A brief report on what was happening in Madison County Missouri last night. It was one of those nights that just seemed… perfect. This was our first group viewing session since forming the Eastern Ozarks Astronomy Society which kinda makes it seem official and made it seem something of an occasion.
My friend Russ Middleton got some great photos and one of our new members, Kaleesha, and her girls had a look at a nice variety of nebulae: Orion, Pac Man, Eskimo and M1, the Crab. We also took a look at Jupiter and ended the group viewing with Bode’s Nebulae, M81 and M82. Lots of great astronomy talk about the Cosmic Microwave Background, the Bing Bang, and how astronomers (and science in general) come to know things through the scientific method.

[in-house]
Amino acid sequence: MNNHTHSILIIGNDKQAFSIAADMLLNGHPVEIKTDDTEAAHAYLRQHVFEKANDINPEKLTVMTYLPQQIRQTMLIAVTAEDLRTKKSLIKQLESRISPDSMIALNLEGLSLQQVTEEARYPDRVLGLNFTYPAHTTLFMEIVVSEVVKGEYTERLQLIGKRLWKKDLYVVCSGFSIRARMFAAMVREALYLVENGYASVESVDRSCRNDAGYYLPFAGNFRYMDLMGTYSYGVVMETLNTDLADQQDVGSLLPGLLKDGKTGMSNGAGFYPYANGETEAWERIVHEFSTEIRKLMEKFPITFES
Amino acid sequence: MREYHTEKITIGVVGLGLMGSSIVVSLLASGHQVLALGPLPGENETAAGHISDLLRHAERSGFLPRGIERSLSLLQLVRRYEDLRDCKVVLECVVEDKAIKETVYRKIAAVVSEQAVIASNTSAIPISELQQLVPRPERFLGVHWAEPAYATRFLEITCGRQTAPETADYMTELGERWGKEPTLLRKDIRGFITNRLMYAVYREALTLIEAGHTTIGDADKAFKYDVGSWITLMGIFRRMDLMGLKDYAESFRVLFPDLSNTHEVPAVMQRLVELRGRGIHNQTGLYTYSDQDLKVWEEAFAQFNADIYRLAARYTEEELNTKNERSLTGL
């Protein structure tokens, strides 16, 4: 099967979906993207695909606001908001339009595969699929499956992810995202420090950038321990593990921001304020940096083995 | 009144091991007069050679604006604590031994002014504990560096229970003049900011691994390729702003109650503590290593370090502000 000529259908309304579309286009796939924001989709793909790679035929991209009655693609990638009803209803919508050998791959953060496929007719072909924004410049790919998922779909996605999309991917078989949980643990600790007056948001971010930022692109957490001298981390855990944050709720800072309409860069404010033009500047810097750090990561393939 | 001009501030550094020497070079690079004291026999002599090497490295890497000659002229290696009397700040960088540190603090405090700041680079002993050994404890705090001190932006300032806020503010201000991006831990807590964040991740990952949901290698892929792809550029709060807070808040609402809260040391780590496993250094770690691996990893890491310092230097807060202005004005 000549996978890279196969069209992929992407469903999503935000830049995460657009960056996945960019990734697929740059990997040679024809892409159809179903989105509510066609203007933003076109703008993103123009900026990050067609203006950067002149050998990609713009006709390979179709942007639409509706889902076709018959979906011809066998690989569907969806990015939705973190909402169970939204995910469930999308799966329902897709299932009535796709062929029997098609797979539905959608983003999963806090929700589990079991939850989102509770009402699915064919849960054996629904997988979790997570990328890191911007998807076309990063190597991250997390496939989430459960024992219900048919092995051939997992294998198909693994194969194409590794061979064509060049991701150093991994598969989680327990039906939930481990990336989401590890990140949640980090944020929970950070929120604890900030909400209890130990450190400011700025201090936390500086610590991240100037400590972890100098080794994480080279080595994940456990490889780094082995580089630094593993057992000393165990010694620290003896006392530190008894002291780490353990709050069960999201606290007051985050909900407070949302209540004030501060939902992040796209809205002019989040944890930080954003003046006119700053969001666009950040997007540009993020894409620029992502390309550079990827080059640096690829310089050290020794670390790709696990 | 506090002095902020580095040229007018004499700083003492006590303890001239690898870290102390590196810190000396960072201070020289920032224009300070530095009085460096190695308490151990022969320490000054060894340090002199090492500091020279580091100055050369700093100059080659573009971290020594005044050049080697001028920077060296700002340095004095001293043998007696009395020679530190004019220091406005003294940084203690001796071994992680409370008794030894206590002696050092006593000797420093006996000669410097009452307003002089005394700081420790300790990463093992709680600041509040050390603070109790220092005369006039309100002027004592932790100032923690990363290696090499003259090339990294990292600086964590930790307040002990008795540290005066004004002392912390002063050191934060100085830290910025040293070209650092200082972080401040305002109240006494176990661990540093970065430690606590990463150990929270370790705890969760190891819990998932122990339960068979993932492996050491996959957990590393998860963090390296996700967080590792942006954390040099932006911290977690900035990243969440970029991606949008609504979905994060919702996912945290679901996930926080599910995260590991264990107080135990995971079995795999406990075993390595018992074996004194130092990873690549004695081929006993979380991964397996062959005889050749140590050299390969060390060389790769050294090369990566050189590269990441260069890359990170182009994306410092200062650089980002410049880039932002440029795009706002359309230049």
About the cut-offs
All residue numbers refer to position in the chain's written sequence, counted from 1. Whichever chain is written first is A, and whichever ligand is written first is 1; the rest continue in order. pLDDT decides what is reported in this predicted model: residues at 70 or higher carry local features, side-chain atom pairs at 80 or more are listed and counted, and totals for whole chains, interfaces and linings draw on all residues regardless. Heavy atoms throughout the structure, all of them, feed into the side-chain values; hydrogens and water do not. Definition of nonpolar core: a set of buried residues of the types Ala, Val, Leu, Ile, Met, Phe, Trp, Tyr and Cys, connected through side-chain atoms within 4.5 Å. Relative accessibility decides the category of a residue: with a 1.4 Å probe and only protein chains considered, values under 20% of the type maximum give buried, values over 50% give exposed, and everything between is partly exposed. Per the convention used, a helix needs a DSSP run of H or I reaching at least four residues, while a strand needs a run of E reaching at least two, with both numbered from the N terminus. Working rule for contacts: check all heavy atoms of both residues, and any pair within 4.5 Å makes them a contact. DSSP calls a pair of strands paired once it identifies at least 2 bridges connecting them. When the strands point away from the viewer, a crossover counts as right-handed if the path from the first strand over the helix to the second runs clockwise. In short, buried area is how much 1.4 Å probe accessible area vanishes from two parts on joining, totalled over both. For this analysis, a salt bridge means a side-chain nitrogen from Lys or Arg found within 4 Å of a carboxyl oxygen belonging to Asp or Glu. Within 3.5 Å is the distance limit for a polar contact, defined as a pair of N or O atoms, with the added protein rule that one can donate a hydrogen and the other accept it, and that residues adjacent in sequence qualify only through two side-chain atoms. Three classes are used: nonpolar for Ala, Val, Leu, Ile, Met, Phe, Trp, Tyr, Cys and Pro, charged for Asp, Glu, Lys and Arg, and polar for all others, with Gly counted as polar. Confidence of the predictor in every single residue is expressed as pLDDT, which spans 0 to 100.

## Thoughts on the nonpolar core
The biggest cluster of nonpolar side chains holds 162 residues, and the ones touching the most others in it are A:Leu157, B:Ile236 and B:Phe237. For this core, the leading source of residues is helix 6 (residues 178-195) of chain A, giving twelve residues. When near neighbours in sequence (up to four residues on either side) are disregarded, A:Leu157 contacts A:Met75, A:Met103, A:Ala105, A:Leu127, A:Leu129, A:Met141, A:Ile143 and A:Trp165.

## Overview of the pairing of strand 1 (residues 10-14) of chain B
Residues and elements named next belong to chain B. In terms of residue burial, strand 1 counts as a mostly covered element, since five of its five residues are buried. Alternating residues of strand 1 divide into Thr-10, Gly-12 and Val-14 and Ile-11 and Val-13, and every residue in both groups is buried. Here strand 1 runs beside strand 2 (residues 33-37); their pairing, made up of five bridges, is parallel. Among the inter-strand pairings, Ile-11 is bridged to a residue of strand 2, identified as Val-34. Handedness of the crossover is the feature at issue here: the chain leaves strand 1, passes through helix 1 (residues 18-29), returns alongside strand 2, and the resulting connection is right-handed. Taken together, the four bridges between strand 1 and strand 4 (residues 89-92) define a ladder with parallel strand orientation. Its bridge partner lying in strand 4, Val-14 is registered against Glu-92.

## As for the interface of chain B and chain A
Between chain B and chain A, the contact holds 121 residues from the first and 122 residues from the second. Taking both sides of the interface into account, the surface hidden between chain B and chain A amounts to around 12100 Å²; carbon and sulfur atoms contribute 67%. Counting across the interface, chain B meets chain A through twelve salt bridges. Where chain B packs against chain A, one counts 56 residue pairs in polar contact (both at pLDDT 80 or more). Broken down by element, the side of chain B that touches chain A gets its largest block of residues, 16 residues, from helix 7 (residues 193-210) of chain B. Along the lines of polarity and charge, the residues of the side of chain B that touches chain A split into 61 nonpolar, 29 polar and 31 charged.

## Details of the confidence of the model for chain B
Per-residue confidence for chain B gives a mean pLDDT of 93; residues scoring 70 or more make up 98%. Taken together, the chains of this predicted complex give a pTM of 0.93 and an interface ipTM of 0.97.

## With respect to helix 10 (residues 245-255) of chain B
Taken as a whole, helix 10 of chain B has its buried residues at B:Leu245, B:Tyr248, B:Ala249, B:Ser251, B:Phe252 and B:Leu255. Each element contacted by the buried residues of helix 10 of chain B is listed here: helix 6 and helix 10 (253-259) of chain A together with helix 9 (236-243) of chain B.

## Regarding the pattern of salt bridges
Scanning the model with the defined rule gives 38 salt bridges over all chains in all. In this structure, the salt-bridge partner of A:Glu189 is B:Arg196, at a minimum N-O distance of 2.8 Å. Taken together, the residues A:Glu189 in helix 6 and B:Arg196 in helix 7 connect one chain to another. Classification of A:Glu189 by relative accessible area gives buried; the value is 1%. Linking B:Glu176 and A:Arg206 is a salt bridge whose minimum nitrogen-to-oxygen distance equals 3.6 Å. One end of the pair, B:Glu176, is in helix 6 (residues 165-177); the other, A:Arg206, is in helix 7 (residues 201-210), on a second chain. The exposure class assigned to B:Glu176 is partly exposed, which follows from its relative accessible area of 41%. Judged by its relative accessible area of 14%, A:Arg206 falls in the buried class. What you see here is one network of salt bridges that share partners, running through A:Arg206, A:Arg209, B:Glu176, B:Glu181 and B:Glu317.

After everyone left I warmed up inside for a couple hours and went back out after the moon set. I logged 13 galaxies, a planetary nebula and a globular cluster, M68. Five of those were Messiers bringing my total on that list to 103, just 7 more to go! Messier 104, the Sombrero, was really impressive and with averted vision I was able to make out the dust lane. M68, was really beautiful with many of its stars nicely resolved. I also added nine more to my list of viewed Herschels, bringing me up to 241 out of 400.
The last object viewed from 4:20-5am was Saturn. This was, by far, the best view of the planet I’ve ever had in my life and honestly, I think I could have cried but it would have ruined the view so I didn’t let it happen. It was so otherworldly, and yet, so familiar an image. Viewing Saturn is always special but when it is so perfectly clear, it can be much more.
I saw at least 5 of the moons as well as the Cassini Division in the rings, a first for me. Also saw clouds/color bands, another first for me. Sometimes language fails me.
I can think of no better way to spend a night than this.